As a response to the argument about the presidential term limits, I can only implore people to remember that his term limit was imposed not by the Founders but as an amendment in the twentieth century. It was not in the original design of the Constitution and while it may suit the office of the President, it is not as easily applicable to Congress. A President is not directly elected by the people and it could therefore be argued that a term limit should be imposed to serve as a barrier to abuse of power. Congressmen of both houses are elected directly now, and it is in this way that we can ensure that the representatives will be voted out of office when the time comes.

CPAC: Day One

18. February 2010

Well, I just got back to the room from the first day of CPAC in Washington, D.C. I can tell you that the Republicans are very much fired up. They’ve found a fight, and from the looks of this organization, they’ve been training for the big match since the first tea party. The Republicans are getting organized. They’re beginning to hold their Congressmen accountable, and those Congressmen are taking notice.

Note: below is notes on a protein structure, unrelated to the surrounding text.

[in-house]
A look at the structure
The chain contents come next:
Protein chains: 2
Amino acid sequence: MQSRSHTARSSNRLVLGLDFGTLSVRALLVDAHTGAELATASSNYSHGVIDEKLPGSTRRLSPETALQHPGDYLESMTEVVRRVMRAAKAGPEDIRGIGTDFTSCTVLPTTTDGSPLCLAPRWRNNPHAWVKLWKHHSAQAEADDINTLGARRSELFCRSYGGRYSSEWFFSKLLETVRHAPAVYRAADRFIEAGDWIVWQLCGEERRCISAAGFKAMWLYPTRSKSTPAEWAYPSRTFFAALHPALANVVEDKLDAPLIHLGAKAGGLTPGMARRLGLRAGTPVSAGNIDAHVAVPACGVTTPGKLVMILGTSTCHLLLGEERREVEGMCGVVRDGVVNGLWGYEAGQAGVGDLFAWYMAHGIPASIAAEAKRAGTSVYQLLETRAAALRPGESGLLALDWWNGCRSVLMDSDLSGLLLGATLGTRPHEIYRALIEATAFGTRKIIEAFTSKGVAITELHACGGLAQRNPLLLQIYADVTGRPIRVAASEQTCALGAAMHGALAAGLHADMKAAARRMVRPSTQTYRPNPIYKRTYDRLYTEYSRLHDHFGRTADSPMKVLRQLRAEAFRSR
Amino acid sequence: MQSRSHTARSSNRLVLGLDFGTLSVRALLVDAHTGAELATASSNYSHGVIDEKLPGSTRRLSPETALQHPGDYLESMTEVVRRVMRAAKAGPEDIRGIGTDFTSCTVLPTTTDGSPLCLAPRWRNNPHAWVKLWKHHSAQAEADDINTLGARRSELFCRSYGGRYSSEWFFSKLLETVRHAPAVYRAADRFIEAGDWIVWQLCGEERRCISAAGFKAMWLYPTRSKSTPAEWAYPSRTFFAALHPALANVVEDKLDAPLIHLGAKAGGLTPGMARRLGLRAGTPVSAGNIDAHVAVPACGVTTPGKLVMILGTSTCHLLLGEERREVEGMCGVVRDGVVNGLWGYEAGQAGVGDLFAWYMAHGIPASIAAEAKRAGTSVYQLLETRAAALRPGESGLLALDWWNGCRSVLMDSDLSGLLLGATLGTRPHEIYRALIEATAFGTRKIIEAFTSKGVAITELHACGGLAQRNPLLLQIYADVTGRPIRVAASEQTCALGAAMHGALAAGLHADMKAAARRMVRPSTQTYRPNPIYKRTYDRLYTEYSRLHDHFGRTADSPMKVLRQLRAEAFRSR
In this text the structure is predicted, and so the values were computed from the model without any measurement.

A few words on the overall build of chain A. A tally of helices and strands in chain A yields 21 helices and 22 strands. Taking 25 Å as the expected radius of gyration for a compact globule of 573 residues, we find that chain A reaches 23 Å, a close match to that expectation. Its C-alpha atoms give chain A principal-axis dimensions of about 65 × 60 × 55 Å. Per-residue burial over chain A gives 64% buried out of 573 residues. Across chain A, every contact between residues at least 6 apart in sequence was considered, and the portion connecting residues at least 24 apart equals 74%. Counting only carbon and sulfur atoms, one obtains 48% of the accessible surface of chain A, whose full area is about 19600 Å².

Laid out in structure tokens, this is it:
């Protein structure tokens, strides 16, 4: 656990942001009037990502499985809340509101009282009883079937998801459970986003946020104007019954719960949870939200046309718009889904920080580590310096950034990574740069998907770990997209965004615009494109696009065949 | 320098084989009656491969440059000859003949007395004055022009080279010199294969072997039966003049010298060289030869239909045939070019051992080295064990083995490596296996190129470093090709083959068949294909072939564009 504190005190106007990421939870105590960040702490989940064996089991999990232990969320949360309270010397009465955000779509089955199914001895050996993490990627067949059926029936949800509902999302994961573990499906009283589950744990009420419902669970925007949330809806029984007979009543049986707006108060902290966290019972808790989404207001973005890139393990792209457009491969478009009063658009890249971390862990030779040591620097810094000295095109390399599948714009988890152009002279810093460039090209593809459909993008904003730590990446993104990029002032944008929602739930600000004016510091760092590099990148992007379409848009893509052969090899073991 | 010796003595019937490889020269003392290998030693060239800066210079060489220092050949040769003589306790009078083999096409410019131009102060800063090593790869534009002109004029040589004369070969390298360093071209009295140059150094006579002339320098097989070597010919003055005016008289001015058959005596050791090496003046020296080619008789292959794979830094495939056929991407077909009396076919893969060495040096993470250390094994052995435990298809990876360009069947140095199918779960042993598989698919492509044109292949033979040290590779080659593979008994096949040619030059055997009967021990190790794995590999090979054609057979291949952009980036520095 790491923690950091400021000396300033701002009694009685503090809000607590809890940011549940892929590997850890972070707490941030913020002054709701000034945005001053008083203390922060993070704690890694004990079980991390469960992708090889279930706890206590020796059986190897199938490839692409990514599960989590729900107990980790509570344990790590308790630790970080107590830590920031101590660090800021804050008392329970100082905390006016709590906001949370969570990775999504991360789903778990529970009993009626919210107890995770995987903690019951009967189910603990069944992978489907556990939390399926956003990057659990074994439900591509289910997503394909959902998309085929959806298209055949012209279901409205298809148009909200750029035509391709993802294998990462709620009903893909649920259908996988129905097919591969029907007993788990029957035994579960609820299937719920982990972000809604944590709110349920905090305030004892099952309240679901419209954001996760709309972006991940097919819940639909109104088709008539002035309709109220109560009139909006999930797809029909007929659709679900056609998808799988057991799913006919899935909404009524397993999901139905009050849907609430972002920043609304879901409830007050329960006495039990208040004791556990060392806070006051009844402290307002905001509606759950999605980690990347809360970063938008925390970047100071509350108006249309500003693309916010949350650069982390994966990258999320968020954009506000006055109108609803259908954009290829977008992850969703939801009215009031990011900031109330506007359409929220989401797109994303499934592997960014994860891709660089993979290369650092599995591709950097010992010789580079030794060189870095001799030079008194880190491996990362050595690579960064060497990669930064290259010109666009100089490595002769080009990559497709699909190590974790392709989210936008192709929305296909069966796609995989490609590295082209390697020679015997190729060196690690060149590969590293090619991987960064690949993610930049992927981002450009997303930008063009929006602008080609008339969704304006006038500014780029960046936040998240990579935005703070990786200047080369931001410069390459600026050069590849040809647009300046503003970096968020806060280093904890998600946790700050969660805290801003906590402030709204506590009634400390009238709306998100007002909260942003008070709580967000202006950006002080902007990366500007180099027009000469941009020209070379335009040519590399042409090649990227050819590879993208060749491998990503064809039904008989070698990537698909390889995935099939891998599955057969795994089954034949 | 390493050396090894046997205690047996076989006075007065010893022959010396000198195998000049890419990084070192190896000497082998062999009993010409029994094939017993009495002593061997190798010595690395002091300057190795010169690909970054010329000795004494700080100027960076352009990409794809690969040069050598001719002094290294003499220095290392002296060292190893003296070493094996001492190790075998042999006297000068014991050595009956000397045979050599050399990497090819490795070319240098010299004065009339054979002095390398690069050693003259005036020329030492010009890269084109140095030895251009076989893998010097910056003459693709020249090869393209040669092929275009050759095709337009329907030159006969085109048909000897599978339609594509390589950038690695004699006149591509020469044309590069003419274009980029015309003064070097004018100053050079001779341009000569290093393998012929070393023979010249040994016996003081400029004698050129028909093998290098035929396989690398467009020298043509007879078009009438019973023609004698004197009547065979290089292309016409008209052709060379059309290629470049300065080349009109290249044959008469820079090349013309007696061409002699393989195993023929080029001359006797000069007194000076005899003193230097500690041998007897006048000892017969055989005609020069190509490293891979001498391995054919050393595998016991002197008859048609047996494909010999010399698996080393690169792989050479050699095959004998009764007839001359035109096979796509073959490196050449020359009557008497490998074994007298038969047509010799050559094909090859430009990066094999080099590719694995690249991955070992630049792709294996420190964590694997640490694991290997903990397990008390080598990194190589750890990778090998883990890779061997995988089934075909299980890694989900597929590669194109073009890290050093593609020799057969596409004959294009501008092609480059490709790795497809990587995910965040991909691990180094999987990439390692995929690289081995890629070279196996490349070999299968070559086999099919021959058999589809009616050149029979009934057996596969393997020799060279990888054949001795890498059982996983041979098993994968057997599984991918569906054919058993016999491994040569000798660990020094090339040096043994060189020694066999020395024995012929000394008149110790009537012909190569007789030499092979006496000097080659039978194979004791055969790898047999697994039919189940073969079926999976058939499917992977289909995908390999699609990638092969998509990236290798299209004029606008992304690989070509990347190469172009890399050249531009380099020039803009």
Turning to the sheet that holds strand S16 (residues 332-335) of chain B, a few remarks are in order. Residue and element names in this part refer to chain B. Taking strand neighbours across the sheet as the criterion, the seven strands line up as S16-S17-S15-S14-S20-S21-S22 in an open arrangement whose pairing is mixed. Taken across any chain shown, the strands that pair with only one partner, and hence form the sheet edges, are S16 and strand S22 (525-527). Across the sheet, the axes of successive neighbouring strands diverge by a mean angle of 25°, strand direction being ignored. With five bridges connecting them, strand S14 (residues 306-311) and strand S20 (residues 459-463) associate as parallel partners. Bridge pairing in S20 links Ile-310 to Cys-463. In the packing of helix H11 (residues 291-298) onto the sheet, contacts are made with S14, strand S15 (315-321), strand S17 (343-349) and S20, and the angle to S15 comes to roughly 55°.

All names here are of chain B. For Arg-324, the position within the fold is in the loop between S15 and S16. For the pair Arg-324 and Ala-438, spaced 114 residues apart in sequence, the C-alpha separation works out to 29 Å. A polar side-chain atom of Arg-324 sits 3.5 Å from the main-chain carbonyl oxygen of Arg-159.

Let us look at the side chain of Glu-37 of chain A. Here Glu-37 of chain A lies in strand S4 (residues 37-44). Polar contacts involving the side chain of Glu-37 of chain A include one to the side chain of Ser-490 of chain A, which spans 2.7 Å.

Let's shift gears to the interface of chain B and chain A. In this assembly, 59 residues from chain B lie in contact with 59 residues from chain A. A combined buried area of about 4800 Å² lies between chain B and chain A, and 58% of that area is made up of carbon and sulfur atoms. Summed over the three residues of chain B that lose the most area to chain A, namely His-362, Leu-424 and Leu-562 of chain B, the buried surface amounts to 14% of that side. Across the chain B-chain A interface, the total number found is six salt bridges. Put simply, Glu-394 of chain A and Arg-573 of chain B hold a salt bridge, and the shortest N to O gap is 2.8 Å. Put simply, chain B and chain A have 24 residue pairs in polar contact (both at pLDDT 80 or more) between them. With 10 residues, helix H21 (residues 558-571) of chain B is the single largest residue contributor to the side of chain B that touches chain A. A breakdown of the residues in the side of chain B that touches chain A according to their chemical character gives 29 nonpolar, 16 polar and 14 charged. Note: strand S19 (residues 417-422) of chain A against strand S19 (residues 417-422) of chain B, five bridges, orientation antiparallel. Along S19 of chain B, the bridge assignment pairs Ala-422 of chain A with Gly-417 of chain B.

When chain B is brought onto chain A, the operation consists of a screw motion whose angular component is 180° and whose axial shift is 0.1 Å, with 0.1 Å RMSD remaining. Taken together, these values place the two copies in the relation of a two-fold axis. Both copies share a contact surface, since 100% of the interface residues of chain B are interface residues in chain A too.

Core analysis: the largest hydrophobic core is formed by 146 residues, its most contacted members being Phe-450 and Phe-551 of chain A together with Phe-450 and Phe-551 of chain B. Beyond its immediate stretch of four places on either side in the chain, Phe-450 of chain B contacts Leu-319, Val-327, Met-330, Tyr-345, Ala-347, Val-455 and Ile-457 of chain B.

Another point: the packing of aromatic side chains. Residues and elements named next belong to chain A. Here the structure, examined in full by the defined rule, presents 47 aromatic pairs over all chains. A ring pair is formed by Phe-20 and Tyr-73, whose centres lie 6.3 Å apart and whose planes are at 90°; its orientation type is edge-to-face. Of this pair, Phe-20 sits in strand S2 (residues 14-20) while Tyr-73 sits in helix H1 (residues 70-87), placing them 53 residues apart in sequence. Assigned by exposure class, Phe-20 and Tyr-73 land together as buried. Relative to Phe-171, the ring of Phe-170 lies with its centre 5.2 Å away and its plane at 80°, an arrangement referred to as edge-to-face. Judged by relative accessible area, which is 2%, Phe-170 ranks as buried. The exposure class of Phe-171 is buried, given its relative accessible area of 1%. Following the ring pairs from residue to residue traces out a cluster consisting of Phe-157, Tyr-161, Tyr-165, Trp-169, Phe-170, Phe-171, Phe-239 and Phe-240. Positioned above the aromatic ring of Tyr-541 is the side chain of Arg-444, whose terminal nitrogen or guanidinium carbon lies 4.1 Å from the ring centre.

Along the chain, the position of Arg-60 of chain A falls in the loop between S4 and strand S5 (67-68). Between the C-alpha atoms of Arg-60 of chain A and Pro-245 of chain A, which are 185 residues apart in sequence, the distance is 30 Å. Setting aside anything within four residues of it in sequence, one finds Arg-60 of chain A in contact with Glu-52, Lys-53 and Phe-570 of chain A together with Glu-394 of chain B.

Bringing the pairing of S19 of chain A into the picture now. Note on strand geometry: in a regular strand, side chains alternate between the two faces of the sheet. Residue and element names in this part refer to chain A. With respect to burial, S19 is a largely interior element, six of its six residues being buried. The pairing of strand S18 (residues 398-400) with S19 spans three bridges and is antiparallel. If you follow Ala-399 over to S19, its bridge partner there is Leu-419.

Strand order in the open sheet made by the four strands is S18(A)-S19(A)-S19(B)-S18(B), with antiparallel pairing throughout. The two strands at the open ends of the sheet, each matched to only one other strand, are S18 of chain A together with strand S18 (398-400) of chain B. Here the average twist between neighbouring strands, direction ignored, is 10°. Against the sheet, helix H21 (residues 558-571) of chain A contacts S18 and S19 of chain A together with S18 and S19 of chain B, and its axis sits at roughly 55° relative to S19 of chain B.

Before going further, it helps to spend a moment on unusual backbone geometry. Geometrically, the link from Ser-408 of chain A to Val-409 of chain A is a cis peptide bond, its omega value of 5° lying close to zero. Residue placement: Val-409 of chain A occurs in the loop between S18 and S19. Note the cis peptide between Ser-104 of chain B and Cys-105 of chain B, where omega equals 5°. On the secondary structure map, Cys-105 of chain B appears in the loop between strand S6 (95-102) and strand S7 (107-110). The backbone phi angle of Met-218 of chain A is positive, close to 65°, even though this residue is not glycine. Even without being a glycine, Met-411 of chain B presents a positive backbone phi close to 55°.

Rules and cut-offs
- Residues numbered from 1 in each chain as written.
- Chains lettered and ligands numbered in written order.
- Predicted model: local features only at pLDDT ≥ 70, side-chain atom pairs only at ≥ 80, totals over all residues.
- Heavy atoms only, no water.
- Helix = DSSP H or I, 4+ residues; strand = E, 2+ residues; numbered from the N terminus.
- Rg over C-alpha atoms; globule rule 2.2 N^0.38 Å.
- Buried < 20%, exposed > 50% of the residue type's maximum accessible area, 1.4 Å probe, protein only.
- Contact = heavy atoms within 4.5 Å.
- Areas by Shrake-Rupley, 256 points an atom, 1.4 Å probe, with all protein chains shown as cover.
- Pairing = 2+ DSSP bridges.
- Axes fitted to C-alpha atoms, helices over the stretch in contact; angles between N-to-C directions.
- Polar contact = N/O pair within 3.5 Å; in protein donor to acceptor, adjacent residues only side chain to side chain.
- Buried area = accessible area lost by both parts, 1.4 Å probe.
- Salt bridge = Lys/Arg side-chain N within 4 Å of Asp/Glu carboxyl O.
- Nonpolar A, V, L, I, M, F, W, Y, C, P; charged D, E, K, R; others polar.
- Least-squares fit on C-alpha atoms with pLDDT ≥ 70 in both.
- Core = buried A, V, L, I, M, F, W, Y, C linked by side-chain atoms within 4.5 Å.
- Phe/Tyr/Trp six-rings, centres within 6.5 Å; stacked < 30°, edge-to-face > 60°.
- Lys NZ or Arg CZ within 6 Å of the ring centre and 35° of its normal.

House Minority Leader John Boehner gave a speech this afternoon, of which I regrettably only caught the last half. What I did hear, though, was a reflection of what the newly-vocal Republicans have been screaming for the past year. In his speech, there were plenty of references to the purging of RINOs and getting “back to the basics”. Whether or not this is truly heartfelt or merely an attempt to rally the troops for 2010 is still a mystery to me, though I hope most sincerely that it is the former. That’s the only way that the Republicans will be able to win big in the 2010 midterm elections.